Manila, Oct 4 (EFE).- Typhoon Koinu was gaining strength on Wednesday as it left the Philippines and approached southern Taiwan, where it is already causing heavy rains and strong winds, leading to the suspension of flights and schools being shut down.
Pick up strength in its passage across the Philippine Sea over the recent days, Koinu is expected to make landfall on Taiwan’s southeastern coast, near Taitung city, on Thursday morning as a category 3 typhoon, as per the specialized website Tropical Storm Risk (TSR).
Taiwan, already impacted by heavy pre-typhoon rains and winds, has canceled around 100 flights, and shut down schools and businesses on the Penghu archipelago, according to state-run news agency CNA.
Taiwan’s Central Weather Administration (CWA) forecast shows that the southern and eastern parts of Taiwan will be the hardest hit by rainfall brought by Koinu, with extremely heavy rain expected in the Hengchun Peninsula and mountainous areas of Pingtung County.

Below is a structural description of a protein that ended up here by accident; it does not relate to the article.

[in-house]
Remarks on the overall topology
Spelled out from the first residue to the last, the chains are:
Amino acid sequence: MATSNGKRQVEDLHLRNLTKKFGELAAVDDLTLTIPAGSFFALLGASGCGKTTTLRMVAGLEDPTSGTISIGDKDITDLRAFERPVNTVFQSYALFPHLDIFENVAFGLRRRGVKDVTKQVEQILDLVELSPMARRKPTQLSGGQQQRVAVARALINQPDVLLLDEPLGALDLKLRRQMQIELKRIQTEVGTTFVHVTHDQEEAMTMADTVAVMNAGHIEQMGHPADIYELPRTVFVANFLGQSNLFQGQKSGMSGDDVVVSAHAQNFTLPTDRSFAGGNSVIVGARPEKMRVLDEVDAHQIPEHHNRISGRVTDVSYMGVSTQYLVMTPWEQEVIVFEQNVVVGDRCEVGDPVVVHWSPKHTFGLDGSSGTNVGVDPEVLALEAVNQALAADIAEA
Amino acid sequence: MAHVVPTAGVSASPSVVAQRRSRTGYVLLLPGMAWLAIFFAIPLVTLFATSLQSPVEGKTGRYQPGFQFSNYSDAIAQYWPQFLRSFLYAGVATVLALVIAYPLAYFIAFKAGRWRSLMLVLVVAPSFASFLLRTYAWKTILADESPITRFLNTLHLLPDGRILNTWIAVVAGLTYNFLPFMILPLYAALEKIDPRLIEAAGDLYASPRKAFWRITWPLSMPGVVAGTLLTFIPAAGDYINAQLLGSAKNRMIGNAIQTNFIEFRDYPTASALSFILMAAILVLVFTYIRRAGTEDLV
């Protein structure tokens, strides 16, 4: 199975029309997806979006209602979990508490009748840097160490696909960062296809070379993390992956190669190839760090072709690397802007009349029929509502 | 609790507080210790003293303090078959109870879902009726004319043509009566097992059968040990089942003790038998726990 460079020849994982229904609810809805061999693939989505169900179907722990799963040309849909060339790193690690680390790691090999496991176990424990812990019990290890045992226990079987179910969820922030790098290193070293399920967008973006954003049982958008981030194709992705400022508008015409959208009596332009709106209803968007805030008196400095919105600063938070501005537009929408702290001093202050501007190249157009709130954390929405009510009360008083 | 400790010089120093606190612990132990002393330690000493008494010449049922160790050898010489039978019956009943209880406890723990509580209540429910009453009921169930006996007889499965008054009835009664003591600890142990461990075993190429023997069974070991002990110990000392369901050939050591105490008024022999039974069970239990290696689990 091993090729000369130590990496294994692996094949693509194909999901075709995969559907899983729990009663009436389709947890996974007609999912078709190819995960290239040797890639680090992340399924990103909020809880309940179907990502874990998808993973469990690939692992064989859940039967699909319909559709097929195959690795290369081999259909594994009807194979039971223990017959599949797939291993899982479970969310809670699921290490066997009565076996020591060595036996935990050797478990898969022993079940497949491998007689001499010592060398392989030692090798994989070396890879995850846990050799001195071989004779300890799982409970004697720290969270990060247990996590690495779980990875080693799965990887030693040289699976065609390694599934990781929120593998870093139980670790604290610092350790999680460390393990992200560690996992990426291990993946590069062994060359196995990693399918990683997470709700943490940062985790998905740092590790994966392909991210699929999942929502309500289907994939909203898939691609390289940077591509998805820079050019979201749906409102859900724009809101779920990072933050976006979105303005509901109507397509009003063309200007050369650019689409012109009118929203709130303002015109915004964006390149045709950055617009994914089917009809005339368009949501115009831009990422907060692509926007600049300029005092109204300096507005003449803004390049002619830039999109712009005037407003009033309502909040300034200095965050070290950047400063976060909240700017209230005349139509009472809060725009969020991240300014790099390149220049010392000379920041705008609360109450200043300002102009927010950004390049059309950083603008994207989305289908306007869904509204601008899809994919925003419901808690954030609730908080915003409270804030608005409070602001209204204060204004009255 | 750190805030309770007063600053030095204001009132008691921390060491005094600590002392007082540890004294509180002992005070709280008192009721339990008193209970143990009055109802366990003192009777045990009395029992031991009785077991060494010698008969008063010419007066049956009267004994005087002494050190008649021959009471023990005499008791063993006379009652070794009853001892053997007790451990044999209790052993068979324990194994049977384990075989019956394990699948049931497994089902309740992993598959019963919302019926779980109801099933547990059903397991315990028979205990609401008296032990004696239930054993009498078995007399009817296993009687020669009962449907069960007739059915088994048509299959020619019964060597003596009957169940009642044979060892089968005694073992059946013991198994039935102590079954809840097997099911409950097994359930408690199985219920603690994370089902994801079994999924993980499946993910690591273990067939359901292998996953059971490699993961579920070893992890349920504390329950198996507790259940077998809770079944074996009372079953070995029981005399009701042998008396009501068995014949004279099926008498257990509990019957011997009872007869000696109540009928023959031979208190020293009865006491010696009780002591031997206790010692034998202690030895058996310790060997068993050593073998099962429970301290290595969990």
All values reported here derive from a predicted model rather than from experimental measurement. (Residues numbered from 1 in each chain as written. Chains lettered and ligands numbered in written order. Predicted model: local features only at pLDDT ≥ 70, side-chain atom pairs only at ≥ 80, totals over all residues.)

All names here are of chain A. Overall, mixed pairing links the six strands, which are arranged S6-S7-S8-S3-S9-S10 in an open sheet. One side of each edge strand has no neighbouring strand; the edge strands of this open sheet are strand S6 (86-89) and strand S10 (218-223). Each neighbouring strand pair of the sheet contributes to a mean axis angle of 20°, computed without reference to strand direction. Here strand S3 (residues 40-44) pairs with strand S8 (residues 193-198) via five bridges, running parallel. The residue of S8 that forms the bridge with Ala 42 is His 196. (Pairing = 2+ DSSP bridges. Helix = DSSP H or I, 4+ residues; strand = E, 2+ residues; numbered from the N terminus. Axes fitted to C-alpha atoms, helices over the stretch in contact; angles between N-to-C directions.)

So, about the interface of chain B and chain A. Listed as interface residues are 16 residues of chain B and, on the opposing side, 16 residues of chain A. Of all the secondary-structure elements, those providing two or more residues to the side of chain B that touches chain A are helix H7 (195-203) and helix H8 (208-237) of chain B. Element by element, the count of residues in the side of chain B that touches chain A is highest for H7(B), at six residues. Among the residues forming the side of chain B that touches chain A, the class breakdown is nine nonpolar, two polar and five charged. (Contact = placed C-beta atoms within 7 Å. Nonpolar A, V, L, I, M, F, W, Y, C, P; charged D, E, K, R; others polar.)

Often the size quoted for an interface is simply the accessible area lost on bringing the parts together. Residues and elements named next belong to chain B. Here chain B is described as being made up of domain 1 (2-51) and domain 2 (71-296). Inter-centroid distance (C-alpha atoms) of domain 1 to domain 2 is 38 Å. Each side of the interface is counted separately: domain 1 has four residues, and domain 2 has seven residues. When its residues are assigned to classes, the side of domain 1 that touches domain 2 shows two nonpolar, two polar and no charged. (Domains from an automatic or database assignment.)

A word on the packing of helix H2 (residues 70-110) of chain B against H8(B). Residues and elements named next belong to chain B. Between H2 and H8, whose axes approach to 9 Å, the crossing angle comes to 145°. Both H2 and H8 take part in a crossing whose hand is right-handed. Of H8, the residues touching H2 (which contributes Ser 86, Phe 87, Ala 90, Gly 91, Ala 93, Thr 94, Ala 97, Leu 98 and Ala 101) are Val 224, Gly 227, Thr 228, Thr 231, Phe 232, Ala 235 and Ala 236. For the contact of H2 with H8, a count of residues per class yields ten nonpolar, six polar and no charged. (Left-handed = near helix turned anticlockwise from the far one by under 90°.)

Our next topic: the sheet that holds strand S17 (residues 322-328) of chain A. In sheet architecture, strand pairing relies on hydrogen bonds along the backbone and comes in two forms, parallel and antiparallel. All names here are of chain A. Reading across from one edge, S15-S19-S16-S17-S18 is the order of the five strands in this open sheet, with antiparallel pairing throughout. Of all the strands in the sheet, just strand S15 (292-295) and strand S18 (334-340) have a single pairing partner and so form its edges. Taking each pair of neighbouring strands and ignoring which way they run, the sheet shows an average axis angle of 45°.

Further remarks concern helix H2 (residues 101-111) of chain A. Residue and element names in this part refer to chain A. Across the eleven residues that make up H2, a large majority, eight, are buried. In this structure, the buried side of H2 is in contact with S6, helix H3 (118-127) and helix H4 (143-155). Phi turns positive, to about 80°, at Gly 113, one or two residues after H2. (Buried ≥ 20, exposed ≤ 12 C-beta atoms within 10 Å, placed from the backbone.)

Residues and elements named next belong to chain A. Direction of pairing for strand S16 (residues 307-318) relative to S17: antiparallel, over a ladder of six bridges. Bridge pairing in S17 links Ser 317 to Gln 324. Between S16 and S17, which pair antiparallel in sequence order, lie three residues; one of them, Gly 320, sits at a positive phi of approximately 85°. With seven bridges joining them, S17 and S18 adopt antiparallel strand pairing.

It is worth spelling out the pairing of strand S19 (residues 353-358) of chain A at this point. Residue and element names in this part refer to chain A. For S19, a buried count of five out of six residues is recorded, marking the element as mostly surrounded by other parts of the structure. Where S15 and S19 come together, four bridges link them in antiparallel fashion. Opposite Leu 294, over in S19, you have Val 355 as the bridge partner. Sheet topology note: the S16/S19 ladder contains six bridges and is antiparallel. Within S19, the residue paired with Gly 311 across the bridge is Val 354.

As of 5 pm Wednesday, the typhoon’s eye was situated approximately 155 km north-northeast of the Batanes province in the Philippines, according to the Philippine Atmospheric, Geophysical, and Astronomical Services Administration (PAGASA).
The typhoon is carrying sustained winds of up to 155 kph and gusts reaching 190 kph.
“Based on the track forecast, the typhoon will make landfall over the southern portion of Taiwan tomorrow morning, (and) then exit the Philippine Area of Responsibility (PAR) tomorrow (Thursday) afternoon or evening,” PAGASA said.
The weather agency has warned that Koinu will continue to bring heavy rains, with the risk of flooding and rain-induced landslides in northern Philippines, particularly in susceptible mountainous areas, until Thursday.
The Philippines typically experiences around twenty cyclonic storms annually, although their frequency and strength may have been exacerbated by climate change in recent years.
This year the situation could get worse due to the arrival of El Niño, a meteorological phenomenon that warms the oceans and increases the likelihood of storms, according to scientists. EFE